When the mineral levels in your bones are low, it can lead to osteoporosis. Bones rely on minerals such as calcium to maintain strength. A lack of calcium can cause bones to become fragile and prone to fractures with osteoporosis. There are, however, treatments available to help increase bone density and reduce the effects of osteoporosis.
If you have been diagnosed with osteoporosis, read on to know what you can do to slow down the progression of the disease.
How Can Osteoporosis Be Prevented from Worsening?
You have a variety of options to control osteoporosis, ranging from lifestyle changes to medications. Remember to consult with your orthopedic doctor before starting any osteoporosis-related activity.
Here are some ways you can prevent osteoporosis from worsening.
Treat Underlying Health Conditions
Your bones constantly undergo remodeling throughout your life. A type of cell called an osteoblast continuously generates and maintains bone tissue. Meanwhile, another cell type called the osteoclast resorbs minerals from bone tissue and prevents excess bone accumulation. These cells work in balance to maintain healthy bone, but underlying health conditions can disrupt this balance and cause your bones to weaken gradually.
Addressing the underlying causes of osteoporosis should improve your bone health. Some diseases that can complicate osteoporosis include
These can be hyperthyroidism, where the overproduction of the thyroid hormone can lead to bone loss, as well as hyperparathyroidism, a condition in which your bones lose calcium due to an excess of hormones.
2.Conditions Affecting Nutrition Intake
These can reduce the amount of calcium and vitamin D your body takes in and uses, leading to a long-term deficiency and health problems like osteoporosis. Examples of such conditions are anorexia and malabsorption.
Many of these conditions are treatable and can be mitigated alongside osteoporosis.
Exercise benefits your body in general, including your bones. Regular exercise triggers bone growth and maintenance as the skeletal system responds to mechanical stimuli. A sedentary lifestyle can weaken your bones and increase your risk of osteoporosis, so continue exercising alongside other treatments.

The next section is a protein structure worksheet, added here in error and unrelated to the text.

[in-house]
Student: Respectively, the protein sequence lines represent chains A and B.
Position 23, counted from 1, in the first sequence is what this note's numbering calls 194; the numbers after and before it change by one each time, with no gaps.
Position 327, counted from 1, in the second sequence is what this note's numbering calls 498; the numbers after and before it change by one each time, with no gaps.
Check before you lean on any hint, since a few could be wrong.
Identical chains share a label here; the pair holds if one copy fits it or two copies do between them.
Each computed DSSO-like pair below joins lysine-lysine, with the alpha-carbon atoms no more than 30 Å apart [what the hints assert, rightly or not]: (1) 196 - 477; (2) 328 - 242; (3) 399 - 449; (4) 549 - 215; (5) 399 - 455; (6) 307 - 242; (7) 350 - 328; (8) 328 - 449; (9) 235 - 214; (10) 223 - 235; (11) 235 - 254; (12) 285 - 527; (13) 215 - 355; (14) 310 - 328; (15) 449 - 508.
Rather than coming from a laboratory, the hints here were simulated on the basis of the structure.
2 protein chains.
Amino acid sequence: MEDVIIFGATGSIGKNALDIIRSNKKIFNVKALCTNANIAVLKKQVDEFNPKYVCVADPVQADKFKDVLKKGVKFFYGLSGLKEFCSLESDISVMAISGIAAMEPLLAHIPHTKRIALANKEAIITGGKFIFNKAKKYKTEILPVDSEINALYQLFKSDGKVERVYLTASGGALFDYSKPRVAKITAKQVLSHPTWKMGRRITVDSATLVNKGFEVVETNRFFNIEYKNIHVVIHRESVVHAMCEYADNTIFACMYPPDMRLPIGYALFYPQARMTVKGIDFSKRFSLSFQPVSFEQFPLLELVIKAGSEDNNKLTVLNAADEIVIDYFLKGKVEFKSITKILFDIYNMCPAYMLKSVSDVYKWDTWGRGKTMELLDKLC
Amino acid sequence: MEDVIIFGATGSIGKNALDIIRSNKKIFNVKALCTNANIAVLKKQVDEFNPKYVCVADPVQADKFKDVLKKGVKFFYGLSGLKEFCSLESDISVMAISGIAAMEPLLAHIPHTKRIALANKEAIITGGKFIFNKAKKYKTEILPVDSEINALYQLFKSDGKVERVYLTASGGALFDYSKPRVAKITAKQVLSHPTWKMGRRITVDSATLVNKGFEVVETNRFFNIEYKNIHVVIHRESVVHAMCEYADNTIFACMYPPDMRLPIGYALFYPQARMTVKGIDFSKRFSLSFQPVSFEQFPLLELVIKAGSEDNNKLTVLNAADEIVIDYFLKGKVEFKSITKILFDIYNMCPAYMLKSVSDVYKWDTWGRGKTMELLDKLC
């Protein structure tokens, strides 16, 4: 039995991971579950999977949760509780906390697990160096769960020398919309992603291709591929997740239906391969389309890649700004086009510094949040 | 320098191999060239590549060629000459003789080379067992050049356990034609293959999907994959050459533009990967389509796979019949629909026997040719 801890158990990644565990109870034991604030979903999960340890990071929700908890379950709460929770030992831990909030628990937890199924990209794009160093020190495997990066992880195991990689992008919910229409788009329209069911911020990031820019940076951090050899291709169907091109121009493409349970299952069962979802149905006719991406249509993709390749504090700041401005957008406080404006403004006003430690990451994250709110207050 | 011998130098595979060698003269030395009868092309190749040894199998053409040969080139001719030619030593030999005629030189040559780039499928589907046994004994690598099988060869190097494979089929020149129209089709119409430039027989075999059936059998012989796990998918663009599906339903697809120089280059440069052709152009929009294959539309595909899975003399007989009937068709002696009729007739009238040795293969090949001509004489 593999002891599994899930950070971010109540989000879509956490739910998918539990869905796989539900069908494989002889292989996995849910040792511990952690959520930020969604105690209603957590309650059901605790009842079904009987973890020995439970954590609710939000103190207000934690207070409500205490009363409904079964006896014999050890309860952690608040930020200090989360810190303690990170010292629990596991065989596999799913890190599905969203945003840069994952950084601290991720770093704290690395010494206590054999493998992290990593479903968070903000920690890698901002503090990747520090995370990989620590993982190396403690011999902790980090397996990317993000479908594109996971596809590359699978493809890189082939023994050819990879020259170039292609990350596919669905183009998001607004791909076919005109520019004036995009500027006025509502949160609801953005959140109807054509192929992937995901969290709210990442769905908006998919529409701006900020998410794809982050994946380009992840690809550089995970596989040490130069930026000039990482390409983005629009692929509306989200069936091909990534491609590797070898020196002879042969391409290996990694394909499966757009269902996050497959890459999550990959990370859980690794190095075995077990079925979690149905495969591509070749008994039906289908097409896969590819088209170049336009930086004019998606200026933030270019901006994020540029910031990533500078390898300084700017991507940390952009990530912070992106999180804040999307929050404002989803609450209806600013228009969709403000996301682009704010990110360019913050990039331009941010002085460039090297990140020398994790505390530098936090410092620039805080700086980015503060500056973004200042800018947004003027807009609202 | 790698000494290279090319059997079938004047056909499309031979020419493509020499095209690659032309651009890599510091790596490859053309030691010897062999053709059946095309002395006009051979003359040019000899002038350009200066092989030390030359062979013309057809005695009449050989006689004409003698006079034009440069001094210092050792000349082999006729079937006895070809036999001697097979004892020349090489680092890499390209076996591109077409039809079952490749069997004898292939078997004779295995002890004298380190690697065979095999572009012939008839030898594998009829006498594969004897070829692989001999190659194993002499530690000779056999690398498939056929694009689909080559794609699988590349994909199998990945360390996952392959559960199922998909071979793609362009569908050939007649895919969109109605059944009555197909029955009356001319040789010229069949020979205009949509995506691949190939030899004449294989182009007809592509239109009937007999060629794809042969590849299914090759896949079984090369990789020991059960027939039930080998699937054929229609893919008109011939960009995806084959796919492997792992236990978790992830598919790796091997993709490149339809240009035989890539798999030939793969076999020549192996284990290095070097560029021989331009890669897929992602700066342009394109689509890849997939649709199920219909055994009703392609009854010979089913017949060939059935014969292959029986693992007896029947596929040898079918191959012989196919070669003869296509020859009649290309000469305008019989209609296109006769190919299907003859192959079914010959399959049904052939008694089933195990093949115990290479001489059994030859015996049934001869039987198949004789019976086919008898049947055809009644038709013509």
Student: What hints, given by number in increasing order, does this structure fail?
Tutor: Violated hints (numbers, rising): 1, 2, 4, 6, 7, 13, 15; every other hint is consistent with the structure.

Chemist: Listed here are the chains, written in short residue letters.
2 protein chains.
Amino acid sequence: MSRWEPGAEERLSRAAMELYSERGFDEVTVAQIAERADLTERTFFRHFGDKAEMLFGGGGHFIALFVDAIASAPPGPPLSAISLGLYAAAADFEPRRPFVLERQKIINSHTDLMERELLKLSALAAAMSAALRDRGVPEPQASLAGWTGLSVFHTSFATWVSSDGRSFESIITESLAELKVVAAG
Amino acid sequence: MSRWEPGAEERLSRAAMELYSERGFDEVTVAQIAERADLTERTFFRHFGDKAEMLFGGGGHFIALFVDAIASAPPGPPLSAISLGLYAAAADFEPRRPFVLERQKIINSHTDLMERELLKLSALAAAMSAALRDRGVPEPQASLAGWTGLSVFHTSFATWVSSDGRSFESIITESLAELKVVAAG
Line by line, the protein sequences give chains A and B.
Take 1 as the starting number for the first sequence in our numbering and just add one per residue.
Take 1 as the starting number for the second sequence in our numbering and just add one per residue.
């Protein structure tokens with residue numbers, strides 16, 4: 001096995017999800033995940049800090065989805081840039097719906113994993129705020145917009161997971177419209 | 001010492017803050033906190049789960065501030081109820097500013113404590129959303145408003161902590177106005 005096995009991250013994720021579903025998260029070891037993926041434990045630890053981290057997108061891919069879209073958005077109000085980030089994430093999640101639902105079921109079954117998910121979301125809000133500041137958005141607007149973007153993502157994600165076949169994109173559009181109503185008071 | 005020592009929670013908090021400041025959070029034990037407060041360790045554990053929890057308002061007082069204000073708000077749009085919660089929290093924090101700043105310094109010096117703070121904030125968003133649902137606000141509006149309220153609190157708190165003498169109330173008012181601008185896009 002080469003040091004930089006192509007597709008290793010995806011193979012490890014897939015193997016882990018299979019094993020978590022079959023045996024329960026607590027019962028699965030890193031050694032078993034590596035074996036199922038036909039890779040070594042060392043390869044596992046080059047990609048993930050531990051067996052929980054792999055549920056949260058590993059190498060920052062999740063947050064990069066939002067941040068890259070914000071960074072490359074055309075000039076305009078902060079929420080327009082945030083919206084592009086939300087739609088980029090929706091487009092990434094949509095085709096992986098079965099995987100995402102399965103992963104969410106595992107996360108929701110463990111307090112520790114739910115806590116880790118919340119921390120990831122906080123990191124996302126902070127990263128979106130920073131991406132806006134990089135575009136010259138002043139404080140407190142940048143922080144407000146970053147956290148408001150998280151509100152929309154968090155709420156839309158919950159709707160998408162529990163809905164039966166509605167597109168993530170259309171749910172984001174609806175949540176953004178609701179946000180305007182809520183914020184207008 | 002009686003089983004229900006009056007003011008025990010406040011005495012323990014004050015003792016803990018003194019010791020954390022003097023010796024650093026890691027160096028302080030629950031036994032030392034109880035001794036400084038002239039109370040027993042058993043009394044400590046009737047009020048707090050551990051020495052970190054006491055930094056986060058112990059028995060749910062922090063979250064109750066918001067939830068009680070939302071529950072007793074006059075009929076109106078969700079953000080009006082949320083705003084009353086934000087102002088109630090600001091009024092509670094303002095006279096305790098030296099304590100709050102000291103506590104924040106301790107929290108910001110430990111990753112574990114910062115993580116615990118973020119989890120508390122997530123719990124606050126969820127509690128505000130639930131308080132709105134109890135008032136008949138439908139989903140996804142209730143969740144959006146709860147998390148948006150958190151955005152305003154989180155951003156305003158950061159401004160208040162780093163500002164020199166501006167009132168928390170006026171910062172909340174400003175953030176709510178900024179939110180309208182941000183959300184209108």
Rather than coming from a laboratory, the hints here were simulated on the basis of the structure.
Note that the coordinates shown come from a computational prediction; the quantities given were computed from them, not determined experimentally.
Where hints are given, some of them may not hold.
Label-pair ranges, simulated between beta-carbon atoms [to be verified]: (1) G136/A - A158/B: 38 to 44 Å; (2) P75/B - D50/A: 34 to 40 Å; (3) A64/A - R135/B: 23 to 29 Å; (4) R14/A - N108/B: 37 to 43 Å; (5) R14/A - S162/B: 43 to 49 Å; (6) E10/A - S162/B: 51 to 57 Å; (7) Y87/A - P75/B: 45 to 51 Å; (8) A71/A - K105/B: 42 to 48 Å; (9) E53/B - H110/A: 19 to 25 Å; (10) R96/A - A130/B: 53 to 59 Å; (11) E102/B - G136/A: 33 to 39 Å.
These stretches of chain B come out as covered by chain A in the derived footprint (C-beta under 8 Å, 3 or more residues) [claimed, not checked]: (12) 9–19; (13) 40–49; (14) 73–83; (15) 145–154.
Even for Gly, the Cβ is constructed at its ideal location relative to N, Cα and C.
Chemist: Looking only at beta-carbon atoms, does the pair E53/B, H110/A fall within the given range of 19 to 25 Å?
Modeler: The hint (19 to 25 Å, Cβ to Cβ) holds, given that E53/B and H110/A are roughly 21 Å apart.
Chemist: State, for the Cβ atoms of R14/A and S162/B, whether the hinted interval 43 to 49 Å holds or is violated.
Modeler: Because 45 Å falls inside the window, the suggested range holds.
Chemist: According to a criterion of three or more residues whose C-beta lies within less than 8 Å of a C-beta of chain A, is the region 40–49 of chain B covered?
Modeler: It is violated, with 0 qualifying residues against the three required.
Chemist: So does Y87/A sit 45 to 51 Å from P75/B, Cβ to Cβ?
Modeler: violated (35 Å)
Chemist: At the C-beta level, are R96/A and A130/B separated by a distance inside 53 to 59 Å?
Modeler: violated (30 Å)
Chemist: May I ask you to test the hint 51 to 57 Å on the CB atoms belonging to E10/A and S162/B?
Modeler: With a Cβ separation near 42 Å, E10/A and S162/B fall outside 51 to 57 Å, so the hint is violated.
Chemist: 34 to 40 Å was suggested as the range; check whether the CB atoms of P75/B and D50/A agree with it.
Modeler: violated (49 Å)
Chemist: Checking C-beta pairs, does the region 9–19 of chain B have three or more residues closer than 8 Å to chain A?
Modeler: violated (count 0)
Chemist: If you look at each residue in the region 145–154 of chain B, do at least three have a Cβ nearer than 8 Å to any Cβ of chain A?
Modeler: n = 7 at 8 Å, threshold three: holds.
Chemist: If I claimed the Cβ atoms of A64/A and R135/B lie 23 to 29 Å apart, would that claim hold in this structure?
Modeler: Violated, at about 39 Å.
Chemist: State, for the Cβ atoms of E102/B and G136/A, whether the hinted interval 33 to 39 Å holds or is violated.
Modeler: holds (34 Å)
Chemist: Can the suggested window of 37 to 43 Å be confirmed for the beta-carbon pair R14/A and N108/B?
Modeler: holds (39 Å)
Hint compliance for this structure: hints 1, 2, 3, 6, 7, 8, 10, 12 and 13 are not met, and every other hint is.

Include both cardiovascular and strength training exercises in your routine. Cardiovascular exercise improves blood circulation to your bones and organs. Meanwhile, strength training directly fortifies your bones and muscles, making them more resilient and enabling you to pursue more strenuous activities.
Consider exercises for balance and body coordination, as well. Better balance coordination reduces the risk of falls that might otherwise cause bone fractures.
Depending on your fitness level and bone density, high-impact exercises might be too risky. A physical therapist can recommend an exercise routine that gives ample stimulation to your bones without stressing them.
Maintain Proper Nutrition
Eating a well-balanced diet is crucial for managing your osteoporosis. In particular, you need to take appropriate amounts of calcium and vitamin D for proper bone health. Your cells deposit calcium into your bones to strengthen them, while your body needs vitamin D to absorb calcium properly.
Adults up to the age of 50 should aim to consume around 1000 milligrams of calcium daily for adequate bone health. For older individuals, this requirement is 1200 milligrams daily. In old age, bone resorption tends to exceed bone formation. Hence, more calcium is needed to maintain bone density. However, doctors recommend a maximum of 2000 milligrams per day to avoid kidney stones and cardiovascular complications.
The following are calcium-rich foods:
- Dairy products such as milk and yogurt
- Dark green vegetables
- Soy products
- Fortified cereals and drinks like orange juice
Recommended intake levels of vitamin D are 600 to 800 IU daily. People who live near the equator receive ample sunlight, contributing to their vitamin D intake. You may also take supplements as recommended by a physician.
If you smoke or drink, you need to stop as soon as possible. Regular alcohol intake of over two drinks per day may worsen osteoporosis. Tobacco use can also negatively impact bone health, including narrowing arteries and impairing blood circulation. Work with your doctor to develop a withdrawal plan.
Several types of medication can help increase bone density. Parathyroid hormones such as teriparatide are pretty common. This activates osteoblasts and promotes bone mineralization. Another class of drugs called bisphosphonates suppresses osteoclast activity, reducing the rate of bone mineral loss. For post-menopausal women, estrogen therapy can stimulate bone growth and reduce the risk of fractures.
These medications require regular monitoring to verify their effectiveness and detect any side effects. With proper guidance from your physician, pharmaceuticals can work hand-in-hand with other treatments to protect your bones from further damage.
Reliable Orthopedist in Maryland
Osteoporosis treatments can help mitigate bone loss and protect you from bone fractures. Work with your orthopedist to formulate a plan to keep your bones healthy.
If you’re seeking treatment for your osteoporosis diagnosis, our team of healthcare providers at Orthopaedic Associates of Central Maryland can address your needs. We provide comprehensive orthopedic care, including bone care, so that our patients can keep their bodies in motion.
OACM has locations in Ellicott City, Catonsville, Columbia, Eldersburg, Fulton, and Jessup, Maryland. Check out our locations page to learn more.
For inquiries, call us at (410) 644-1880 or toll-free at (855) 4MD-BONE. You can also request an appointment using our handy Klara widget, the message button at the bottom right corner of our website. We look forward to serving you!